Perhaps it was a good thing that there wasn’t a choice. Because he knew it would have been hard not to choose the selfish option.

“Twenty minutes and we have a chance to get away from this dead world, to one where you can make a new life. So get what you need to take with you. And get any weapons you have.”


“Because the portal my friend is creating will open in the same place we came through – up above on the surface. That’s where the weakness between this reality and ours is. Right in Sandy’s bedroom where it’s been giving her nightmares for years. That wasn’t your fault, by the way. Sometimes there are weak spots between realities. Like holes in the dyke. Except in this case its better nobody does put their finger in them. Left alone, without Humans getting curious, they close up by themselves. If we’re lucky, this one will close up once we’re through. And it will all be over.”

“Then let’s go,” Graham said. “Here, take this.”

The Doctor looked at the gun that was offered to him and shook his head.

“I don’t use guns,” he said.

“You told us to have weapons.”

“Yes,” he answered. “But I don’t use them. And I don’t destroy planets out of stupidity, either. And I’m looking after Sandy. I’m certainly not doing that with a gun in my hand.”

Graham shrugged and put the gun in his own pocket. He and his colleagues were ready. They had very little they wanted to take with them. The Doctor reached out his hand to Sandy and she walked beside him as they made their way back up the steps and along the corridor to the iron ladder. Seamus and Graham went first. Then The Doctor with Sandy riding piggy back again. He was disturbed to hear gunshots up above and waited below the rim of the manhole cover until he was told it was safe.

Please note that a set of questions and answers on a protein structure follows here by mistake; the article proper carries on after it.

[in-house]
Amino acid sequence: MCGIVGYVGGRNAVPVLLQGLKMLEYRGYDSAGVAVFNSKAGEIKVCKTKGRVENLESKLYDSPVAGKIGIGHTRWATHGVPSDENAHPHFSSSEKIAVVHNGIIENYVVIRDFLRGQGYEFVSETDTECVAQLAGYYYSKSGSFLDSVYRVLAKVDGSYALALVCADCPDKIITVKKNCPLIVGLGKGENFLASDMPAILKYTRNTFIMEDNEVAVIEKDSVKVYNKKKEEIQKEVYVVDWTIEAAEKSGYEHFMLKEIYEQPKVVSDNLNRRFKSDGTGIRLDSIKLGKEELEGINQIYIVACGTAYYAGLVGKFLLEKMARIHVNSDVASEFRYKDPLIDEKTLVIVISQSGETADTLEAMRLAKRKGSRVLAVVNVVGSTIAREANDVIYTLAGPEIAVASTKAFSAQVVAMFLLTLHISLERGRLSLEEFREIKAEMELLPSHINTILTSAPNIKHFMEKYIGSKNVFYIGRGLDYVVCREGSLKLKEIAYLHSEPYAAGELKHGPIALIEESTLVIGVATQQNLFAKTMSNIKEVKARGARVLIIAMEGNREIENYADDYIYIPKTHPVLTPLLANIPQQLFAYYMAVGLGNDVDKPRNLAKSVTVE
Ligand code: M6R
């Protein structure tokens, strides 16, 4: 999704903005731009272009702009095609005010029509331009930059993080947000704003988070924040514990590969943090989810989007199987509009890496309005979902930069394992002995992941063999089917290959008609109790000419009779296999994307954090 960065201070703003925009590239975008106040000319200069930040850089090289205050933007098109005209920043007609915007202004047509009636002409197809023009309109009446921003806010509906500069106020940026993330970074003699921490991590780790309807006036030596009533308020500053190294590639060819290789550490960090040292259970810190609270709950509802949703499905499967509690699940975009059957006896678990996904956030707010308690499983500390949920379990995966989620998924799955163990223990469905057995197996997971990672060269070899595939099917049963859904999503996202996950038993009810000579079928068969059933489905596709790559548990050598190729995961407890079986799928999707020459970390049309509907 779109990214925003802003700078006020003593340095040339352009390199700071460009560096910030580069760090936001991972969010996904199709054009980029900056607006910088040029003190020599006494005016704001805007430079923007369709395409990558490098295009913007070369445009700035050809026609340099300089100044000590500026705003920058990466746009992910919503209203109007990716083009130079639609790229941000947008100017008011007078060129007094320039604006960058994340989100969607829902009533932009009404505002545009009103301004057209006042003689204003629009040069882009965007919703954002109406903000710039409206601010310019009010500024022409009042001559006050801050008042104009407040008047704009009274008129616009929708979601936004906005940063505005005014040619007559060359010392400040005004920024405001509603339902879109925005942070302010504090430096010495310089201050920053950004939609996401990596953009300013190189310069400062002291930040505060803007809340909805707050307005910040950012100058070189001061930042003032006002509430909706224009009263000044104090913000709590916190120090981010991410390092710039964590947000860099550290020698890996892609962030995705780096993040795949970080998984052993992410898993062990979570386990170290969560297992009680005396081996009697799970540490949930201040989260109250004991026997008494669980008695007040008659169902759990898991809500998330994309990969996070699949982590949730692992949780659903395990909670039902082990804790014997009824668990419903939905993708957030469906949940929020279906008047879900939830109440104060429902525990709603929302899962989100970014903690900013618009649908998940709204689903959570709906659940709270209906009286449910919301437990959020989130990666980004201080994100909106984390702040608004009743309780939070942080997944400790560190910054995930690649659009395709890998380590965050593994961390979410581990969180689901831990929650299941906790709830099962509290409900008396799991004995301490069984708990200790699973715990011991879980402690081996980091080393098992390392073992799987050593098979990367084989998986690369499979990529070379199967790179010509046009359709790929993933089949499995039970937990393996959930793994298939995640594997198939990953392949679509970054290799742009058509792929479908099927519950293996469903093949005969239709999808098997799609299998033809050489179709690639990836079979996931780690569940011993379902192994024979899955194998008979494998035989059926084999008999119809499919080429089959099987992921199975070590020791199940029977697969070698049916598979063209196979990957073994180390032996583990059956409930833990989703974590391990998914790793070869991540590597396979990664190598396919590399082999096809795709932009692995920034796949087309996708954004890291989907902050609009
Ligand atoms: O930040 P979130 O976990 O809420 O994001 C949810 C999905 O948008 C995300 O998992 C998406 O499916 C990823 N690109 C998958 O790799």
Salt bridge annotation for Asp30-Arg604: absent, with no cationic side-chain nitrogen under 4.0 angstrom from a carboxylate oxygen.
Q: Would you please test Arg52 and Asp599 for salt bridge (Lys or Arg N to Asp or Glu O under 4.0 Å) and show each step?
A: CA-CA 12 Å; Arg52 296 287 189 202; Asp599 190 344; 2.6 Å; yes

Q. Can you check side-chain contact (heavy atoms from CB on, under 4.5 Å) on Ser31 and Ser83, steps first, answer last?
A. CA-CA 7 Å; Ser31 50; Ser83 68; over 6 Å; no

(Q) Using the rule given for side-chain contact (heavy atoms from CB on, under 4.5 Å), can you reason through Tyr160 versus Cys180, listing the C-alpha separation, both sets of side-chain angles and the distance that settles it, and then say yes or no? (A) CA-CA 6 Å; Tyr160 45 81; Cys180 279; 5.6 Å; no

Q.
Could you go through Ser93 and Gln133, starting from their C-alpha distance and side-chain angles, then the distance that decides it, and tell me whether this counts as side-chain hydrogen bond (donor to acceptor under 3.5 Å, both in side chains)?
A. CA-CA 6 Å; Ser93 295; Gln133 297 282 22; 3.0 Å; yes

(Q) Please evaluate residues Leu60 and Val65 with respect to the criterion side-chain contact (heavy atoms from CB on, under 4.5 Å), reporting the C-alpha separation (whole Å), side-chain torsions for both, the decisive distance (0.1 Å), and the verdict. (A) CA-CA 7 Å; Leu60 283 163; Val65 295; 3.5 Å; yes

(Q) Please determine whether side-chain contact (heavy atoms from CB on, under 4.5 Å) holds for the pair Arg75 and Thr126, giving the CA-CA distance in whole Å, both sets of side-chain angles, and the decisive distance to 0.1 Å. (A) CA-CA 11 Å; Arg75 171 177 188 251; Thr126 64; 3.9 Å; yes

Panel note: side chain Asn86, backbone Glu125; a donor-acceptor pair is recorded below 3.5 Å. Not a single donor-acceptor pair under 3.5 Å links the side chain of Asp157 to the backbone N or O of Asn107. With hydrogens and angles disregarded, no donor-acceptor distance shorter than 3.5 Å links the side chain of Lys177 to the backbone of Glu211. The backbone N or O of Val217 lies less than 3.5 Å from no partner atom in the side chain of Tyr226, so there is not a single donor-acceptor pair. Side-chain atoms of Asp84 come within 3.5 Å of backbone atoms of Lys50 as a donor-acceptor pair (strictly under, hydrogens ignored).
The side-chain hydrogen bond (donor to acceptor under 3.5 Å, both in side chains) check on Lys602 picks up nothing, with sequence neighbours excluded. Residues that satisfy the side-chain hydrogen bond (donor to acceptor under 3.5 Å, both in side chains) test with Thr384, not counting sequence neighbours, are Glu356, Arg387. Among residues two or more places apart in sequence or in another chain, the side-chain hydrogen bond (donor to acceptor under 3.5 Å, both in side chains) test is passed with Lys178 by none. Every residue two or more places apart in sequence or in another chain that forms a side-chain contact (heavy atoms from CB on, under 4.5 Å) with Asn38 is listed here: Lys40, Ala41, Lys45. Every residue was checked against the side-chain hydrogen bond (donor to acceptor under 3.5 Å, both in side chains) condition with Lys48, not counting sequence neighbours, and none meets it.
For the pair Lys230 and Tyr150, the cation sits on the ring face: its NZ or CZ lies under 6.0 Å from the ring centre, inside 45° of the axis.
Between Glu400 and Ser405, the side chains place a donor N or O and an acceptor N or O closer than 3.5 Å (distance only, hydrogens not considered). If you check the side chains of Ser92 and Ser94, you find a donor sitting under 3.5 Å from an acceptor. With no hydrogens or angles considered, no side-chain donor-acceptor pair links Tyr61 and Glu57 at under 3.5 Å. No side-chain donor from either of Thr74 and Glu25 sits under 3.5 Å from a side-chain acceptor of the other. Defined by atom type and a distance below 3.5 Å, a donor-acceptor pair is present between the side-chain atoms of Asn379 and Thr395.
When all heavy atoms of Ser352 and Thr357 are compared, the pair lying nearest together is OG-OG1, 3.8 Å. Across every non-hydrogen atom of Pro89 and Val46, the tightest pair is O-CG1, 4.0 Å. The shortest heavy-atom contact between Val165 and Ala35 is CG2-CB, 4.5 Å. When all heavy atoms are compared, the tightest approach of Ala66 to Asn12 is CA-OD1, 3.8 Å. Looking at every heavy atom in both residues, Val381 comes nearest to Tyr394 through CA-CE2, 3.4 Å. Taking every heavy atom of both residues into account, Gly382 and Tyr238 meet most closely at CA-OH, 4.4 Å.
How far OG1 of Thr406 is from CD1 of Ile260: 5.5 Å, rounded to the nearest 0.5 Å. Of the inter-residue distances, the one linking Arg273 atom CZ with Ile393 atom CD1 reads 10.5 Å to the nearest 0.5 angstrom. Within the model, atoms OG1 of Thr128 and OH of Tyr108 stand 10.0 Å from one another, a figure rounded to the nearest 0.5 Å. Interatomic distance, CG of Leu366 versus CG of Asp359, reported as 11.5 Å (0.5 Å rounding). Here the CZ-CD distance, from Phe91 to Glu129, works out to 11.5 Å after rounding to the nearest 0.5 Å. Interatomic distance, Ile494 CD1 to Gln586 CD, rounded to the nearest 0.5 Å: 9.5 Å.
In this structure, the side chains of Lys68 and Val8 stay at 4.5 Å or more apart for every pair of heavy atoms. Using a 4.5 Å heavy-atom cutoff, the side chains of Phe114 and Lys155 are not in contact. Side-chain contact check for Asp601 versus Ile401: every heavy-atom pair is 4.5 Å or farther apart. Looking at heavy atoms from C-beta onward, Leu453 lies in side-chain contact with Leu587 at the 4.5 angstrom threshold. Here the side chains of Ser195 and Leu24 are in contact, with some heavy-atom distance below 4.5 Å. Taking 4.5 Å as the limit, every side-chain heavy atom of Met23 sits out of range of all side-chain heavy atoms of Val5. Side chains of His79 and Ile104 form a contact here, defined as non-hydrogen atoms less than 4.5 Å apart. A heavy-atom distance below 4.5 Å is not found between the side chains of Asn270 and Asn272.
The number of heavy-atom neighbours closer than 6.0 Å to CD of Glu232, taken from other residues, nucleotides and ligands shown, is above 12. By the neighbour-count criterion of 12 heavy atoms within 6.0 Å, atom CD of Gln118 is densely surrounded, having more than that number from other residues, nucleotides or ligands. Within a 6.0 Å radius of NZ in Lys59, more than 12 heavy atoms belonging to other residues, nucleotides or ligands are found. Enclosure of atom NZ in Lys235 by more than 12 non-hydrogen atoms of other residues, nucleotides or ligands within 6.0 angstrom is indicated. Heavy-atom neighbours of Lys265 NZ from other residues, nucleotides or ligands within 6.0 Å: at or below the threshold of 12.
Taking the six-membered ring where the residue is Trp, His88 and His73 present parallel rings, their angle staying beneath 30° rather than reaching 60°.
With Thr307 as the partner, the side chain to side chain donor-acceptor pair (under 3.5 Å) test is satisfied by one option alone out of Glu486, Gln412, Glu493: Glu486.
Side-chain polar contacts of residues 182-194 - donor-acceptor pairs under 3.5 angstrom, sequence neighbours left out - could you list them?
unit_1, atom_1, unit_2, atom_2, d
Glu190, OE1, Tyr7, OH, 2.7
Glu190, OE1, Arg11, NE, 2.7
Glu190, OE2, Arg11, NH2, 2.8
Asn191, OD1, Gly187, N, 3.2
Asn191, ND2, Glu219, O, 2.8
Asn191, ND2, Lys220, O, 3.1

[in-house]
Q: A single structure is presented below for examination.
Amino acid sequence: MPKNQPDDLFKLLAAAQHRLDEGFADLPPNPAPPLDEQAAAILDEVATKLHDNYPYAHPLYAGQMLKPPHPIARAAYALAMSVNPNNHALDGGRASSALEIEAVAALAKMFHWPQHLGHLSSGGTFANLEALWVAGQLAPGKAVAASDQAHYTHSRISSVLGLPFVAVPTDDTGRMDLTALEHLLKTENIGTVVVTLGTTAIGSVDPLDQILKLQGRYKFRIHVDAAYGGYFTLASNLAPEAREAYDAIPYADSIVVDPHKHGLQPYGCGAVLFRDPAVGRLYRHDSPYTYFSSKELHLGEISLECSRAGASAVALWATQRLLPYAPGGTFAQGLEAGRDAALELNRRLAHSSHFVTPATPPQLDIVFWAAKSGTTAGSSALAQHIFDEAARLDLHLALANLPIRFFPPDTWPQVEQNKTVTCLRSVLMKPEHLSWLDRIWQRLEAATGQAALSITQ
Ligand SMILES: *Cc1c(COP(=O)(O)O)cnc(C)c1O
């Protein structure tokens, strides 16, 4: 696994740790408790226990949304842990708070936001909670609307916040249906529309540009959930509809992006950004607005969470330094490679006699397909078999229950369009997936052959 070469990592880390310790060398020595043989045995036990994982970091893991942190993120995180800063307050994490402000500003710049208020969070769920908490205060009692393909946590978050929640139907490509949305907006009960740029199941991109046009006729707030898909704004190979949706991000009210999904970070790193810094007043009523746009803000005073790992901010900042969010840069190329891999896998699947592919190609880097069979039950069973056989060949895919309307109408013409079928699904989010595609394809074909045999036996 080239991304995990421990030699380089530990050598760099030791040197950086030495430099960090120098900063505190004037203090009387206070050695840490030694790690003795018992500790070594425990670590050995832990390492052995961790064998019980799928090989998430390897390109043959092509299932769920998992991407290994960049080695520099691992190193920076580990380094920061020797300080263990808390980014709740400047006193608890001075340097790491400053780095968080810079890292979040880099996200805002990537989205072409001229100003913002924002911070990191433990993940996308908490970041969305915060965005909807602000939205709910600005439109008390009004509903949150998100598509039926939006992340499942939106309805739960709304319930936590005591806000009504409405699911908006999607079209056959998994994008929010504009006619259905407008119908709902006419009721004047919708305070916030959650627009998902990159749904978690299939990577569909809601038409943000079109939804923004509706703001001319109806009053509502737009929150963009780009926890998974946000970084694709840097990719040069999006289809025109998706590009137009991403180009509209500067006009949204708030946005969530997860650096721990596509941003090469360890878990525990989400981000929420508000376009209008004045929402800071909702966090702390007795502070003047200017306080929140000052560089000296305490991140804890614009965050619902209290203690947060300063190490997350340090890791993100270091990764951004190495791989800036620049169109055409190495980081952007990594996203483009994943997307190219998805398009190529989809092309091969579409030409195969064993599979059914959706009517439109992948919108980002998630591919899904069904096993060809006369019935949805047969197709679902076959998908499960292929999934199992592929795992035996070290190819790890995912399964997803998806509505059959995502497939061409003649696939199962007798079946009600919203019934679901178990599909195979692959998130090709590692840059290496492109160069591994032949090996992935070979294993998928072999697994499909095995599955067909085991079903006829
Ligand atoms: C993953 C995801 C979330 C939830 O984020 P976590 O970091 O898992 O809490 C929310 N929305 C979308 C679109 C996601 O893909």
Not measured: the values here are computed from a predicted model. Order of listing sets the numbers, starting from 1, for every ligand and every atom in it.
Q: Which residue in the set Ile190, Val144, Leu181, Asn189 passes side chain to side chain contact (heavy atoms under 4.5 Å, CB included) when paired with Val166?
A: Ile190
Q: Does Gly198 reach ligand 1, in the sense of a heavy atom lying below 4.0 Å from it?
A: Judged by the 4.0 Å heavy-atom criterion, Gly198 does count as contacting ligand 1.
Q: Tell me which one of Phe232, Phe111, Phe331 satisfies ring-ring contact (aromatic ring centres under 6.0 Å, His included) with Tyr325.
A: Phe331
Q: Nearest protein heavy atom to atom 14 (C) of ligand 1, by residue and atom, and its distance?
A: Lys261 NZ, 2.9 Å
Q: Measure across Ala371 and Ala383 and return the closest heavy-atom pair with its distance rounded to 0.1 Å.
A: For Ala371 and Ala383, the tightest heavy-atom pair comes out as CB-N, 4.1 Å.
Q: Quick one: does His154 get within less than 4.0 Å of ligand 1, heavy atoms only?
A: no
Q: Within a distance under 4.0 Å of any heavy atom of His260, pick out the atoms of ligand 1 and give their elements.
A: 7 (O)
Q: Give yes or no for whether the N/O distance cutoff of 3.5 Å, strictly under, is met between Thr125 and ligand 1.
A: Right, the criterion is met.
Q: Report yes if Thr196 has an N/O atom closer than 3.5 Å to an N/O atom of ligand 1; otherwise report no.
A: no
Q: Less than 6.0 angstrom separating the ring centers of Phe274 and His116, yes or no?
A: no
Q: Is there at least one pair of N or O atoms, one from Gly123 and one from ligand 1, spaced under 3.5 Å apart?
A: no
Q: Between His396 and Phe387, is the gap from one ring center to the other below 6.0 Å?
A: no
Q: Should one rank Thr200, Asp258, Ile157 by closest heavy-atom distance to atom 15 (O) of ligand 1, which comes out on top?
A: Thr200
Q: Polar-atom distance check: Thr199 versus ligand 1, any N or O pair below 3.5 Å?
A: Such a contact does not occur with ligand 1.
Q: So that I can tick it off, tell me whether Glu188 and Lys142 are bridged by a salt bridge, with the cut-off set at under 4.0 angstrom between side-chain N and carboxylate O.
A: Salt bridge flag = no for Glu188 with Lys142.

Two of the creatures were lying on the ground, bleeding from bullet wounds.

“They’re not dead,” The Doctor said as he saw the tentacles writhing still. He adjusted the sonic screwdriver and aimed it at the heads of the two dying creatures. They became still.

“I interrupted their brain patterns,” he said. “Ended it mercifully. Next time, shoot straight. Don’t let them suffer any more than they have to.”

Sandy was distressed by the sight of the dead creatures. He felt her hand tremble as she walked beside him under the dying red sun on the barren surface of the planet. The Torchwood team looked around them as if the sight of it was new to them.

And it was in one way. It was new to them that they had caused the desolation, and worse, the mutation of the population into animals that they were forced to kill to save their own lives.

“It won’t be long now,” The Doctor promised. It had been nearly twenty minutes. He hoped Jamie’s estimate was correct. He couldn’t keep them all out here, exposed, for long. And there was nothing for them to go back to. He had destroyed their power supply.

Jamie had to come through for them.

“They’re coming again!” somebody cried and The Doctor clutched Sandy close to him as he saw the herd of creatures racing towards them across the desert plain. A shot rang out, but the range was too short and it did nothing to stop the twenty, thirty or more creatures approaching. Then a volley of shots rang out and a few of them fell. But more kept coming.

“Make every bullet count,” Seamus Dolan ordered. “Doctor, your friend needs to get here in the next twenty seconds or we’re all finished.”

“He won’t let us down,” The Doctor answered. “I trust him. I trust all my friends.”

The creatures were falling to the bullets, but some were still coming. Twenty seconds was an over-estimate. They had less than that when The Doctor heard a sound that gladdened his heart. It wasn’t quite the TARDIS’s familiar thrum. It sounded distorted. as he fully expected it would be. The TARDIS couldn’t really enter this dimension. It didn’t belong here. Even if Jamie had the skill to make a cross-dimensional materialisation, the TARDIS would be a powerless, dead box here.

But it could make a hole in the dyke – he remembered the metaphor he had used earlier – and then plug the hole with itself. He looked at the TARDIS door with its phone cupboard, its illuminated police public call box sign, and the flashing blue light on top. Around it was an eerie red glow that pulsated and licked around it like fire. It was still technically on the other side and the portal was trying to close.

He saw the TARDIS door open. He could see his friends inside. He took hold of Sandy’s hand and raced towards it. The others backed towards it, firing their weapons at the creatures as they closed in. He pushed Sandy through the door and turned to see one of the creatures bearing down on Seamus Dolan as his gun jammed. He raised his sonic screwdriver and seared the brain of the creature, killing it instantly. He salved his conscience with the thought that these sad, mutated things were better off dead, and that his sonic screwdriver did it far more mercifully than a gun did.